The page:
Regarding the historical and theological problems, my second 2-page document leans on the recently-expressed views of the late Lutheran/Episcopal theologian Marcus Borg, to whom your reader and you alluded. This section (adapted from the Chapter 7 title of his 2014 book, Convictions) is entitled “Jesus’s Death on the Cross Matters — But Not Because He Paid for Our Sins: A Historical-Theological Reconsideration of Atonement.” His full chapter is well worth the read; ‘my’ excerpt simply parrots a blog synopsis of his and adds my brief commentary at the end.

    Regarding the *scientific* problems with substitutionary atonement theology, my last 2-page summary draws from the work of NT scholar E.P. Sanders (mentioned in your reader response), Catholic theologian/paleontologist Daryl P. Domning, and my own commentary (having integrated biological evolution into my historical geology class). This section is whimsically entitled “Saint Paul Meets Charles Darwin, Metaphorically Speaking: A Theological-Scientific Consensus on Atonement?” From Sanders, I surmise that ‘Paulinism’ starts with the Christ event and works *backwards* to define Man’s plight; from Darwin himself, I surmise that ‘Darwinism’ starts from the Dawn of Life and works *forward* to define Man’s plight. Where Paul and Darwin meet is where I see some room for theological-scientific consensus.

    Well, the response of the Sunday School class seemed quite positive, judging from the lively discussion that ensued, which meant we only got through the relatively innocuous first 2 paragraphs of the introduction. So, it was tentatively agreed that we would meet again in the fall to discuss some of the more controversial stuff. Again, my overall goal in accepting the Sunday School invitation in the first place was to provide thinking people with good reasons to stay in their Christian tradition, rather than to leave it if/because they are cognitively struggling with those heavily-emphasized “payment” understandings of Jesus’s death, which we all seem to have learned as kids. I think the problem is that those understandings made more sense in the 1st century than they do in the 21st. So, to the extent that payment understandings were metaphorical to begin with — after all, Paul himself never seems to have metaphor he didn’t like — maybe we just need some new metaphors for a new century!

  5. SidDhartha1953  May 28, 2016

    At one time I’d have been among the offended at your last answer, but having seen, through my reading and listening to competent scholars, I have come to appreciate the result of their training and experience. I also experienced recently what the product of a bright but non-scholarly mind looks like by comparison when I started reading Eric Hoffer’s “The True Believer.” Hoffer was no doubt a brilliant man, but his reliance on his own commonsense, rather than scholarly, assessment of mass movements betrays itself from time to time. I’m sure I shall offend more than a few devotees of the Longshoreman Philosopher, but so be it.

    • talmoore
      talmoore  May 29, 2016

      As someone who loves Hoffer’s work I can’t say I’m offended. He does tend to ramble and his work does lack a certain academic rigor. Having said that, I’d bet most academics would give up a kidney to be able to write as eloquently and insightfully as Hoffer does.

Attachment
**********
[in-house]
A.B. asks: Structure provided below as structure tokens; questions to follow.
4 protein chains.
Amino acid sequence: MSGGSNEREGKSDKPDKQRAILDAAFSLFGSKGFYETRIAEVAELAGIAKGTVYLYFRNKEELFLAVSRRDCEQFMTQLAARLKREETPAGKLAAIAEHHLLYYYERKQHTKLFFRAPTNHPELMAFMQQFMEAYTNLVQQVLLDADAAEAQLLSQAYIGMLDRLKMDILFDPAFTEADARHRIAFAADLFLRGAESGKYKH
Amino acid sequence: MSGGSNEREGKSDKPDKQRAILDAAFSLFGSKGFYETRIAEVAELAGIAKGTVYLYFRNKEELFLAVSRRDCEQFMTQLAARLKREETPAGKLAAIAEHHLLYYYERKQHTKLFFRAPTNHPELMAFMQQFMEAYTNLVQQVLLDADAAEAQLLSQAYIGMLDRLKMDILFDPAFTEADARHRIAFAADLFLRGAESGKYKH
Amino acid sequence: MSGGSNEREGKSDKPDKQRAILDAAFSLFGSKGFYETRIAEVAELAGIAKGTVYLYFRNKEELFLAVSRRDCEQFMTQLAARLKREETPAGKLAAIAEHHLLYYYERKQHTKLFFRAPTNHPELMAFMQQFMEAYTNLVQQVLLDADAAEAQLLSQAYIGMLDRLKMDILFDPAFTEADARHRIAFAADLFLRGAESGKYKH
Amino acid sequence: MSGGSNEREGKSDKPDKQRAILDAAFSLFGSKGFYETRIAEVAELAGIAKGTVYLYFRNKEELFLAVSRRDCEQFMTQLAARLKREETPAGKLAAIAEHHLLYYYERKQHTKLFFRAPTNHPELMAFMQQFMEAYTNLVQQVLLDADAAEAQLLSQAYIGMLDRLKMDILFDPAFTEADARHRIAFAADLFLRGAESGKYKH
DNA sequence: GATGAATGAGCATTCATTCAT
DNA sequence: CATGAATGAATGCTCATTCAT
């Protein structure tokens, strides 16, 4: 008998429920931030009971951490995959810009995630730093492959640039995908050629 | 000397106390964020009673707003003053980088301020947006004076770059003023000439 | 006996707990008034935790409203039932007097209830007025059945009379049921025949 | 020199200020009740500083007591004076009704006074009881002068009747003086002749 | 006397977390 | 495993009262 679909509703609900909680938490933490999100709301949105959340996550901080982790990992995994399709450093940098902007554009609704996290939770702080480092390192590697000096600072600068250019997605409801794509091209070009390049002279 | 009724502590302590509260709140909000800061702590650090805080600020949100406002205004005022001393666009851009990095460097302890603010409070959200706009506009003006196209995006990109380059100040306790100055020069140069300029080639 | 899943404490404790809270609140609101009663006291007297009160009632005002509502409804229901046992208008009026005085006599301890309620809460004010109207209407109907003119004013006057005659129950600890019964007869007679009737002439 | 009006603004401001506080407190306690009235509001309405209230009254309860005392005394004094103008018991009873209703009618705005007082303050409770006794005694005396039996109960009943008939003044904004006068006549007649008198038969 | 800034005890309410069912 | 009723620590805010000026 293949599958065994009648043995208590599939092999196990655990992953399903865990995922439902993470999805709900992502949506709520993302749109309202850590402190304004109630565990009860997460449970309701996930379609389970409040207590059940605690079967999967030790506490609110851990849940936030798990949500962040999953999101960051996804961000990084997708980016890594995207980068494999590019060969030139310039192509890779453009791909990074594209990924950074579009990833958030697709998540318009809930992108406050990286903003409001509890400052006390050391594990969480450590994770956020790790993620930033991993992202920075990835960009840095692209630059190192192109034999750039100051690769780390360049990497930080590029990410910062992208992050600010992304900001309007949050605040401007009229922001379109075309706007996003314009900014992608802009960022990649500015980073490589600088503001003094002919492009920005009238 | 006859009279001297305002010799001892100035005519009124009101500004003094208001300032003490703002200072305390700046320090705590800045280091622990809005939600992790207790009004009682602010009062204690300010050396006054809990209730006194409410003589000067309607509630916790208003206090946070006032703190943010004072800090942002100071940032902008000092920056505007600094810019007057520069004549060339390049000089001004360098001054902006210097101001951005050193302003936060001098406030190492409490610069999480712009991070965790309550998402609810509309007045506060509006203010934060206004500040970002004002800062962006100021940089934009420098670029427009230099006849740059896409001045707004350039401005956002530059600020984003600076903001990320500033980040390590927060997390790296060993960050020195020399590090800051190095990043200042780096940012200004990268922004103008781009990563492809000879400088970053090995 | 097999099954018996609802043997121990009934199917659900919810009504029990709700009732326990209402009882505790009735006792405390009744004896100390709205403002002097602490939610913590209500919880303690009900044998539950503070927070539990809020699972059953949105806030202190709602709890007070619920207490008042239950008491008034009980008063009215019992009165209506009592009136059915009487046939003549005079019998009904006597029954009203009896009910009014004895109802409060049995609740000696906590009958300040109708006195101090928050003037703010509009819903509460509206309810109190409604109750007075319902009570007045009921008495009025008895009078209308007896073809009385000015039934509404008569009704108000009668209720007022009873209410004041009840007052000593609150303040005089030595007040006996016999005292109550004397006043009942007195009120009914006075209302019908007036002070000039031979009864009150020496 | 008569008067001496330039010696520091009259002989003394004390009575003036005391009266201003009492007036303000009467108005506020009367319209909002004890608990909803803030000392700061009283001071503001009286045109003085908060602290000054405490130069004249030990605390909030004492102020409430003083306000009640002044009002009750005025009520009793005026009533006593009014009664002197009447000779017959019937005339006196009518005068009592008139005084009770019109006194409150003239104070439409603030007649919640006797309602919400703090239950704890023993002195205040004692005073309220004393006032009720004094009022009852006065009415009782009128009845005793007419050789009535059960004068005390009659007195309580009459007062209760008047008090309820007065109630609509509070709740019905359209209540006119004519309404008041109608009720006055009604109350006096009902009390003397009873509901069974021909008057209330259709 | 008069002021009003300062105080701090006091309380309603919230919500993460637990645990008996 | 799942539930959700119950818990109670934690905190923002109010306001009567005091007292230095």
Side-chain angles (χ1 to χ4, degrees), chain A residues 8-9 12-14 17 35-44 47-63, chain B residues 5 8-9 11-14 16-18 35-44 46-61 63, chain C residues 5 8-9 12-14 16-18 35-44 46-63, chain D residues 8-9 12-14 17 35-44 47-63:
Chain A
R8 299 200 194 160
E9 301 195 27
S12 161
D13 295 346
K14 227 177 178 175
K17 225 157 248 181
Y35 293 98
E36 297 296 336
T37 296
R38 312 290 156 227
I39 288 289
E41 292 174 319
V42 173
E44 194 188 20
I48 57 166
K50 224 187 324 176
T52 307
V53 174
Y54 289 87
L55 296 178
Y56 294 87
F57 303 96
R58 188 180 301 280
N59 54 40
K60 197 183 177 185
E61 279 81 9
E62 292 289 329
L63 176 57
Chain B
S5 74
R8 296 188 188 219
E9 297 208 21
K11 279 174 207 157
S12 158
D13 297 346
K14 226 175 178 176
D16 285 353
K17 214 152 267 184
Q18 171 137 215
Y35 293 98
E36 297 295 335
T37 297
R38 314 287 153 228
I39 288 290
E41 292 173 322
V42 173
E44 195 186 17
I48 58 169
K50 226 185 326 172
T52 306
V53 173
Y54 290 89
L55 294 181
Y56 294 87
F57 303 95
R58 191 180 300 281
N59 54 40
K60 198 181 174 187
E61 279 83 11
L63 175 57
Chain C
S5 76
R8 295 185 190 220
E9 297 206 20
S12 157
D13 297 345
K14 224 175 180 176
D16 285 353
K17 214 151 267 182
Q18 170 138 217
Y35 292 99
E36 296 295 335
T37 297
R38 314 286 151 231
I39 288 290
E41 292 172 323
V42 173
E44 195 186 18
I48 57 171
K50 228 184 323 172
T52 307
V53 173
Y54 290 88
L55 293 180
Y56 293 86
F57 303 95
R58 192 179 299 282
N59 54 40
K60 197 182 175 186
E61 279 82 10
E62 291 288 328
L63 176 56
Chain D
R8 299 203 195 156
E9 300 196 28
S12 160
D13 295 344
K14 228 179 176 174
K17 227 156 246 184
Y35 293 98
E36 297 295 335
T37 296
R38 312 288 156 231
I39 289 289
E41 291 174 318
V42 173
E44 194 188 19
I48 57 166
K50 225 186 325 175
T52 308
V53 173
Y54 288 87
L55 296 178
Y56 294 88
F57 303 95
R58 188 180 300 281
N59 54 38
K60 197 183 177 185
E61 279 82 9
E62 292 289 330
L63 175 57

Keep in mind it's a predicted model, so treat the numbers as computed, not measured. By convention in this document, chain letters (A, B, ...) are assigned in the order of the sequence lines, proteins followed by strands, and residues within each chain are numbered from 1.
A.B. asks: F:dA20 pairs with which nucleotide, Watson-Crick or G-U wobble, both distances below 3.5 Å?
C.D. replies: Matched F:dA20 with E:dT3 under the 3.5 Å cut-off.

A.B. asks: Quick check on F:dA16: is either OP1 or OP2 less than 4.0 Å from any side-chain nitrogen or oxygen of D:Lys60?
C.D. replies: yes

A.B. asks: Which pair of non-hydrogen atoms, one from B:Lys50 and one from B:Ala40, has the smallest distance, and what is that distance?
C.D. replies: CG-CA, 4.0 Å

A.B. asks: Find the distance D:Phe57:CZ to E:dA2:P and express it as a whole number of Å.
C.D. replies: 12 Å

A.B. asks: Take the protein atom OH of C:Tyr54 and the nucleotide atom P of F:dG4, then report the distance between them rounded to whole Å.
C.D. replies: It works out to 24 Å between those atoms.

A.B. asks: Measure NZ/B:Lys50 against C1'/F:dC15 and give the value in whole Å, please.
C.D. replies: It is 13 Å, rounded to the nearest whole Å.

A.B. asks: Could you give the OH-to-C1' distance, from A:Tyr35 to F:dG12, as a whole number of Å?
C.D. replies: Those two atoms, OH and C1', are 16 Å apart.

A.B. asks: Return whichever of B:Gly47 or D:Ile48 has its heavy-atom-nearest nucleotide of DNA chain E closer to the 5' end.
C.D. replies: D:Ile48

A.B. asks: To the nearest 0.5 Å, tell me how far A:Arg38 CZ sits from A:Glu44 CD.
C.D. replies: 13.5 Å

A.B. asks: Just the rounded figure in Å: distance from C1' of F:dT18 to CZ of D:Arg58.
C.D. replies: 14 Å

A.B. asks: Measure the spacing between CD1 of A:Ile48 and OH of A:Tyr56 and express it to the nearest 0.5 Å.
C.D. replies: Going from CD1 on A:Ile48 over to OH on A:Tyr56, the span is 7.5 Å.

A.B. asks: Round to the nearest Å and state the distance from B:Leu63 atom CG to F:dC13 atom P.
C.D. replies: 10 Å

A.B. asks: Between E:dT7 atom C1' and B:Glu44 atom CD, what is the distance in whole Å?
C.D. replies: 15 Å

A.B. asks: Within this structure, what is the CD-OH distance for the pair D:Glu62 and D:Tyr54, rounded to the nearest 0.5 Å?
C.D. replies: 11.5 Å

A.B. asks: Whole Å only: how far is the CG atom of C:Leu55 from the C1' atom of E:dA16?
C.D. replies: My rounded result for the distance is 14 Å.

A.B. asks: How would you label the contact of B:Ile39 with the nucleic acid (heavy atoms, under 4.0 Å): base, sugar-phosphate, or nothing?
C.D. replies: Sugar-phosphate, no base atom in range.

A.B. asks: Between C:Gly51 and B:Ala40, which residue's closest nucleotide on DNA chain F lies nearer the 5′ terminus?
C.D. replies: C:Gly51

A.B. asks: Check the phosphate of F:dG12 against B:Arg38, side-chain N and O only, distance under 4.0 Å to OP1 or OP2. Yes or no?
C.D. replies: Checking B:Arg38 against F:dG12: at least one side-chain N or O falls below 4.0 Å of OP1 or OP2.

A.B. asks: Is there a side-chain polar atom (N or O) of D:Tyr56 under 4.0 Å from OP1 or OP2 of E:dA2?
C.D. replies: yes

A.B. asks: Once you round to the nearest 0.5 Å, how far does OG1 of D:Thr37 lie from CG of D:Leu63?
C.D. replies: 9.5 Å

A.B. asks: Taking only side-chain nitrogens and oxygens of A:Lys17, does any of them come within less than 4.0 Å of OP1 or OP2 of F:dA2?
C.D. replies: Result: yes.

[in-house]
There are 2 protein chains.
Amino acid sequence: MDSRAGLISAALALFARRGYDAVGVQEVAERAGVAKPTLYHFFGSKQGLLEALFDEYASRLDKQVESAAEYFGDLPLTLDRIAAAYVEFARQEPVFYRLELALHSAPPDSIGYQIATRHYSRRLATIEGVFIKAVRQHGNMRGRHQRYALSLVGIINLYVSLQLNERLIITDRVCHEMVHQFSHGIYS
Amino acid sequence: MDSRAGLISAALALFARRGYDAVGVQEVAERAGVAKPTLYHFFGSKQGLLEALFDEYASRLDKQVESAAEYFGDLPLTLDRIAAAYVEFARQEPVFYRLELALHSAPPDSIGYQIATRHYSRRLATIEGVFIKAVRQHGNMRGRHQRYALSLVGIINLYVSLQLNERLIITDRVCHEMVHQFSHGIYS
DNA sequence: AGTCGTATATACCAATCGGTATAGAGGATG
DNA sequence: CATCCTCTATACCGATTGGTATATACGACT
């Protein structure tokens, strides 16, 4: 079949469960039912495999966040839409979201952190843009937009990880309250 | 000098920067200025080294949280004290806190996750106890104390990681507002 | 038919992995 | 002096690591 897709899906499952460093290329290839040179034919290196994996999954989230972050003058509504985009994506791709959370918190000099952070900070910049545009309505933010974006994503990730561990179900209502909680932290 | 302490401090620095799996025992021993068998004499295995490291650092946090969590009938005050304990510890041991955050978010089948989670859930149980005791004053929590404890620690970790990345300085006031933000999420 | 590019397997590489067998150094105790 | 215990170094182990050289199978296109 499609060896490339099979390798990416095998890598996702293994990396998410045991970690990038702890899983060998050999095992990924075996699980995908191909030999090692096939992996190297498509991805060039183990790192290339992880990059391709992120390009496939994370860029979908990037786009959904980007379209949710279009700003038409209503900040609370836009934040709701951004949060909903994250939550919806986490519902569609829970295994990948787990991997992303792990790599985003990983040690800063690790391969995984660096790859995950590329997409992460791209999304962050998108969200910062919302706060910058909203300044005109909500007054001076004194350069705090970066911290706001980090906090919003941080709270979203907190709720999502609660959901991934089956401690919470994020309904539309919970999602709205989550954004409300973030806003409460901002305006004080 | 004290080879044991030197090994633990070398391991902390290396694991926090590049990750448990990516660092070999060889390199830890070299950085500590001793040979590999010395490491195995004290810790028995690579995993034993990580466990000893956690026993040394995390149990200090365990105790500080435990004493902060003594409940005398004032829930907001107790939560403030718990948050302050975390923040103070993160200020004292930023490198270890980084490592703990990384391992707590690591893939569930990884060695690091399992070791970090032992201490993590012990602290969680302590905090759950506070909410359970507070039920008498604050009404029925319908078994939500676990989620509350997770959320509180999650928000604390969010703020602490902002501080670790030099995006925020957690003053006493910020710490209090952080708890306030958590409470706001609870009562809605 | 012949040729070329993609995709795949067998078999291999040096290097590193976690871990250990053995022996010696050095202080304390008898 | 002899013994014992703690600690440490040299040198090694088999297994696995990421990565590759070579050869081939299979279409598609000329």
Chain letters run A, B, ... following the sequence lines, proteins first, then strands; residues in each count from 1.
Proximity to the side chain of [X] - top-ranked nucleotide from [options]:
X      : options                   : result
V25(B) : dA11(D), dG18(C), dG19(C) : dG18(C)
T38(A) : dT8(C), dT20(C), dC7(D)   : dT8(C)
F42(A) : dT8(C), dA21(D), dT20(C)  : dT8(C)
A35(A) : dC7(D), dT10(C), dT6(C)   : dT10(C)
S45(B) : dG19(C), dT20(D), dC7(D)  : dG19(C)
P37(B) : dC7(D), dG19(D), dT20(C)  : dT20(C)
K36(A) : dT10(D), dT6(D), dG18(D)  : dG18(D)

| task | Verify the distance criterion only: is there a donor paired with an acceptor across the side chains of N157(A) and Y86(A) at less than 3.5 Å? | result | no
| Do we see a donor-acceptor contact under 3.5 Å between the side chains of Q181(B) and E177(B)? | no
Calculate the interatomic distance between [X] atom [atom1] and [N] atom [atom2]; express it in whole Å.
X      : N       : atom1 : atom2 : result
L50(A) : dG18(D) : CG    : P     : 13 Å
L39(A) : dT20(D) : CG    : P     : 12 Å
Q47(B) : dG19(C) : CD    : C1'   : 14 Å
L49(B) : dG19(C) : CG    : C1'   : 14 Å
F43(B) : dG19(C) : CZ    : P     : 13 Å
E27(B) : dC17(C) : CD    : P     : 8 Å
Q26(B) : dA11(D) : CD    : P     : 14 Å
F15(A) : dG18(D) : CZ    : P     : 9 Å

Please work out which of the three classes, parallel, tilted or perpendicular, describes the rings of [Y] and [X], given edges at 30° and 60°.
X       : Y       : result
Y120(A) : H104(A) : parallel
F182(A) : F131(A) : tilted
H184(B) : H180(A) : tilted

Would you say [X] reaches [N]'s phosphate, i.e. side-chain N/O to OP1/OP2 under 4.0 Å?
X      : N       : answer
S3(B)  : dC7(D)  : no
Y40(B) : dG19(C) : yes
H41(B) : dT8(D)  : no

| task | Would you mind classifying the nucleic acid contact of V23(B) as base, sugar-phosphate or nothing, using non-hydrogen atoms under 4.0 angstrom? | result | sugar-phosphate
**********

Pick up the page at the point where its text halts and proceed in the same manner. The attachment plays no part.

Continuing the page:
6. llamensdor  May 28, 2016

    Marcus Borg was a lovely and charming man, adored by many Christian scholars. However, by the end of his life, as evidenced by his final book, “Convictions,” he had translated Christianity into secular, liberal/progressive philosophy and politics. He might well have supported Bernie Sanders.

  7. LewsTherin
    LewsTherin  May 28, 2016

    “Highly controversial but always interesting is John Dominic Crossan”

    Had to smile at that comment … Like Robert.M.Price, Crossan has a non standard view I enjoy reading. Was surprised not to see Dan Brown on your recommended reading ( ducks for cover ).

    The mention of Marcus Borg tripped a memory of a recent lecture you gave on “How Jesus became God”, You mentioned “The Jesus Seminar” and that whilst you were not surprised that they thought only 18% of Jesus sayings were authentic, you thought they just had the wrong 18%. If you could possibly (in a future post) mention a few of the differences of what you believe to be authentic in comparison to the seminar it would be greatly appreciated.

    Many thanks J.

    • LewsTherin
      LewsTherin  May 29, 2016

      Just been reading some older blog posts, it seems you have already written about what you think Jesus really said and did in your book “Jesus: Apocalyptic Prophet of the New Millennium”. This appears to be one of the two trade books you have written that I have not read.

      Red faced at asking a question you answered some 17 years ago I shall grab a copy from Amazon, then go stand in the corner sucking my thumb. (New students … Ha ).

    • Bart
      Bart  May 29, 2016

      Interesting idea. Short story: they were convinced that all the apocalyptic sayings were not, and could not be, things Jesus really said.

  8. Jana  May 28, 2016

    Again trying to connect the dots … I get that when the Apocalypse didn’t happen as the Apocalyptic Jesus had predicted that a kind of reinterpretation of events including the Resurrection took place. But why? Why didn’t the fledgling fringe then Jesus-Jewish (my term) sect simply die out? What was so seductive about it that people altered (I think radically) Jesus’s original intent and message? or should I simply wait for your next book? 🙂 Was it Paul who linked the Jesus’s death and Resurrection to “Dying for Our Sins and the “Sins of the World” (recalling my catechism)?”